KABUL, May 4 (Reuters) Britain took command of NATO's Afghan peacekeeping force today as a tide of violence raised apprehension about the alliance's planned takeover of security duties across the country from US forces.
NATO's expansion in the coming months will take foreign troop numbers in Afghanistan to their highest level since the Taliban's overthrow, and will send NATO on what is set to be the toughest ground mission in its 58-year history.
The NATO force will focus on improving security so the government and international community can begin to develop the economy, while a separate US force will remain in charge of a counter-terrorist mission.
''We aim to extend and deepen the areas in which the government of Afghanistan and the wider international community can safely and coherently operate in the interests of the people,'' the new British commander, Lieutenant General David Richards, said in a speech at a change-of-command ceremony.
Violence has risen sharply in Afghanistan in recent months, with a string of deadly roadside and suicide bomb attacks, raids and ambushes.
Military officials say small groups of Taliban have infested large areas of the south and east, where in some places, the violence is the worst it has been since US and Afghan opposition forces ousted the Taliban in late 2001.
In an apparent indication of US concern, President George W. Bush discussed beefing up police in the south during a telephone call with President Hamid Karzai on Tuesday.
Commanders say the Taliban are testing new forces as they arrive, hoping casualties will sap support for the deployments back home, where critics have questioned the size of the NATO force and its rules of engagement.
STIRRING UP TROUBLE Richards, taking over ISAF from an Italian commander, said the number of foreign troops in the south is going to double, while the capability of Afghan security forces was improving.
''I am more than confident that the sceptics will be proved wrong. I have the forces, the rules of engagement and a caveat-free environment to do everything that I need,'' he told a news conference.
''It is not surprising we are stirring up some trouble as these troops deploy, because in some cases no one has ever been there before, and we need to establish, with the Afghan army, the security environment.'' ISAF now has about 9,000 troops in the relatively peaceful capital, the north and west.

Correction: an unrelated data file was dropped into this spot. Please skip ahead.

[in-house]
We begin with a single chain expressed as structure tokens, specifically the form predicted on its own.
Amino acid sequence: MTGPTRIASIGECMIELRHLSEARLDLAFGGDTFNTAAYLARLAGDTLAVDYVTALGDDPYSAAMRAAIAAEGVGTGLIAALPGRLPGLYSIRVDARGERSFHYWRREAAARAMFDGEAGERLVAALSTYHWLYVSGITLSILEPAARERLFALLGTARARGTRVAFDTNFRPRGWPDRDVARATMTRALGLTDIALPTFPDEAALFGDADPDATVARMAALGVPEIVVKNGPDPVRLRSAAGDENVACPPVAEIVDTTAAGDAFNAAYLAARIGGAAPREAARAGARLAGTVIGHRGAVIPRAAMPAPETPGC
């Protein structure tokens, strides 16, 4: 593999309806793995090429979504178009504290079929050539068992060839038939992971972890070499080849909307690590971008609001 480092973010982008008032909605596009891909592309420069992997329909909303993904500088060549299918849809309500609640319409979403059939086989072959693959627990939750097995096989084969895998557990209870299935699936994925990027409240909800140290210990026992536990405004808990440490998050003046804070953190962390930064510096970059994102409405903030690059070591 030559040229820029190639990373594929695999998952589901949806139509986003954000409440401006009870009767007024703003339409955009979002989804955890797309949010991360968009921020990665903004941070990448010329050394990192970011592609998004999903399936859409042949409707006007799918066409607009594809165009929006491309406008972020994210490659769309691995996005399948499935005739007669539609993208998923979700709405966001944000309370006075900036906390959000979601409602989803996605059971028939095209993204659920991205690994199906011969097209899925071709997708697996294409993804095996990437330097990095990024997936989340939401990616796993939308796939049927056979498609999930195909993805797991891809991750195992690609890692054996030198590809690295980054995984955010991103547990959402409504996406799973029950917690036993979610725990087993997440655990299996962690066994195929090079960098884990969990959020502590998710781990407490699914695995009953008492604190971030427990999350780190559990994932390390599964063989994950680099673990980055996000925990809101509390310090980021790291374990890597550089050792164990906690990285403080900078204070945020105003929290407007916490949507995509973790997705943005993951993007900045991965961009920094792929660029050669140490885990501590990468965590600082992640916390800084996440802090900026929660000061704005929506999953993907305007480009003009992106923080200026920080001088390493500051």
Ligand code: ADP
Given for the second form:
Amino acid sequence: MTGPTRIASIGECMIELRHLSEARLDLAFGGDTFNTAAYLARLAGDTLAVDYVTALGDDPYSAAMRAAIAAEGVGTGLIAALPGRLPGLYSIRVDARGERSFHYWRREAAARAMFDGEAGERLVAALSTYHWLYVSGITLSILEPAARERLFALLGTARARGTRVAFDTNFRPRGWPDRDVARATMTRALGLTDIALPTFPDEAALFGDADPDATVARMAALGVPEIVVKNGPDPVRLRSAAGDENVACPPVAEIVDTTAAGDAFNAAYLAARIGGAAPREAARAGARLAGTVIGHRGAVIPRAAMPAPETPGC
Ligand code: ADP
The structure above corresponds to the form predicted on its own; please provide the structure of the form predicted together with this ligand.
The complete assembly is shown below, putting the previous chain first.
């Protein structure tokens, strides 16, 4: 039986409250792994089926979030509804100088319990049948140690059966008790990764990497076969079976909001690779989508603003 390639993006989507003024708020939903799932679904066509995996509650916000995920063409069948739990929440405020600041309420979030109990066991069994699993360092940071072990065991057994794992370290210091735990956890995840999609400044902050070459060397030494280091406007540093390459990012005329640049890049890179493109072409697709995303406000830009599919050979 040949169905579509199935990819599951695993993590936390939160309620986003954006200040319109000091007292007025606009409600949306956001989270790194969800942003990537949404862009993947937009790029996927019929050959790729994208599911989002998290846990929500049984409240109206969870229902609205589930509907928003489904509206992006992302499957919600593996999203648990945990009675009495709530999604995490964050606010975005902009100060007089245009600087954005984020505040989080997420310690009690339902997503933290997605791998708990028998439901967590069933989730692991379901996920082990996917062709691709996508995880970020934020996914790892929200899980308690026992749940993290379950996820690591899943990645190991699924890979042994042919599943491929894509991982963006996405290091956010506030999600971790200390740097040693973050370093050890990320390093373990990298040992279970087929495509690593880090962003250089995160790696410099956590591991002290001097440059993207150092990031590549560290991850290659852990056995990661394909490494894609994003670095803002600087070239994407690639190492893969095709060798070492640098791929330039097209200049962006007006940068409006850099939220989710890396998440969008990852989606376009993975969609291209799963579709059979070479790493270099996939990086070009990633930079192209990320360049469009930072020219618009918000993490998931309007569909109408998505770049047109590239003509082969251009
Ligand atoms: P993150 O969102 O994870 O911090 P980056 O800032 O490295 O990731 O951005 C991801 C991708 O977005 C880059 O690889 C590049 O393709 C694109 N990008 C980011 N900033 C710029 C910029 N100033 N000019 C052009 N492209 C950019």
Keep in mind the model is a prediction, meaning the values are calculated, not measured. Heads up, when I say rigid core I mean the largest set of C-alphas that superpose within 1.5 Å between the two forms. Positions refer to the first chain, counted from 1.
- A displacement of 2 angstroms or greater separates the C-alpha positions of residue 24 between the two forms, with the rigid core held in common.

Under its so-called phase three expansion, it will take over command of about 7,000 British, Canadian and Dutch troops who are moving into the south. The target date for that is July 31.
The expansion will take the numbers of foreign soldiers in Afghanistan to about 32,500 by July and August, the highest level since the Taliban were ousted.
The last phase of the expansion will see NATO taking command of U.S. forces now operating in the east, where Islamist insurgents are also active. No date has been set but it is expected late this year or early next.
NATO's move south should help the United States, stretched by the Iraq war, cut its troops in Afghanistan from 19,000 to 16,500 by around August.
The dangers of the deployment to the south were underscored last month when four Canadian soldiers were killed there in a roadside blast.
The south is also a major opium-growing region where drug gangs and the Taliban are increasingly in cahoots, military officials say.
NATO commanders say they will not be involved in eradication but will provide security for civilian anti-drug efforts.
NATO's top civilian representative in Afghanistan, Hikmet Cetin, said the mission was crucial for the 26-member alliance, and for the security of Afghanistan and the world.
''NATO cannot afford to fail in Afghanistan,'' he told the news conference. ''If we don't go to Afghanistan, Afghanistan will come to us, as terrorists, as narcotics traffickers.'' REUTERS SY PM1615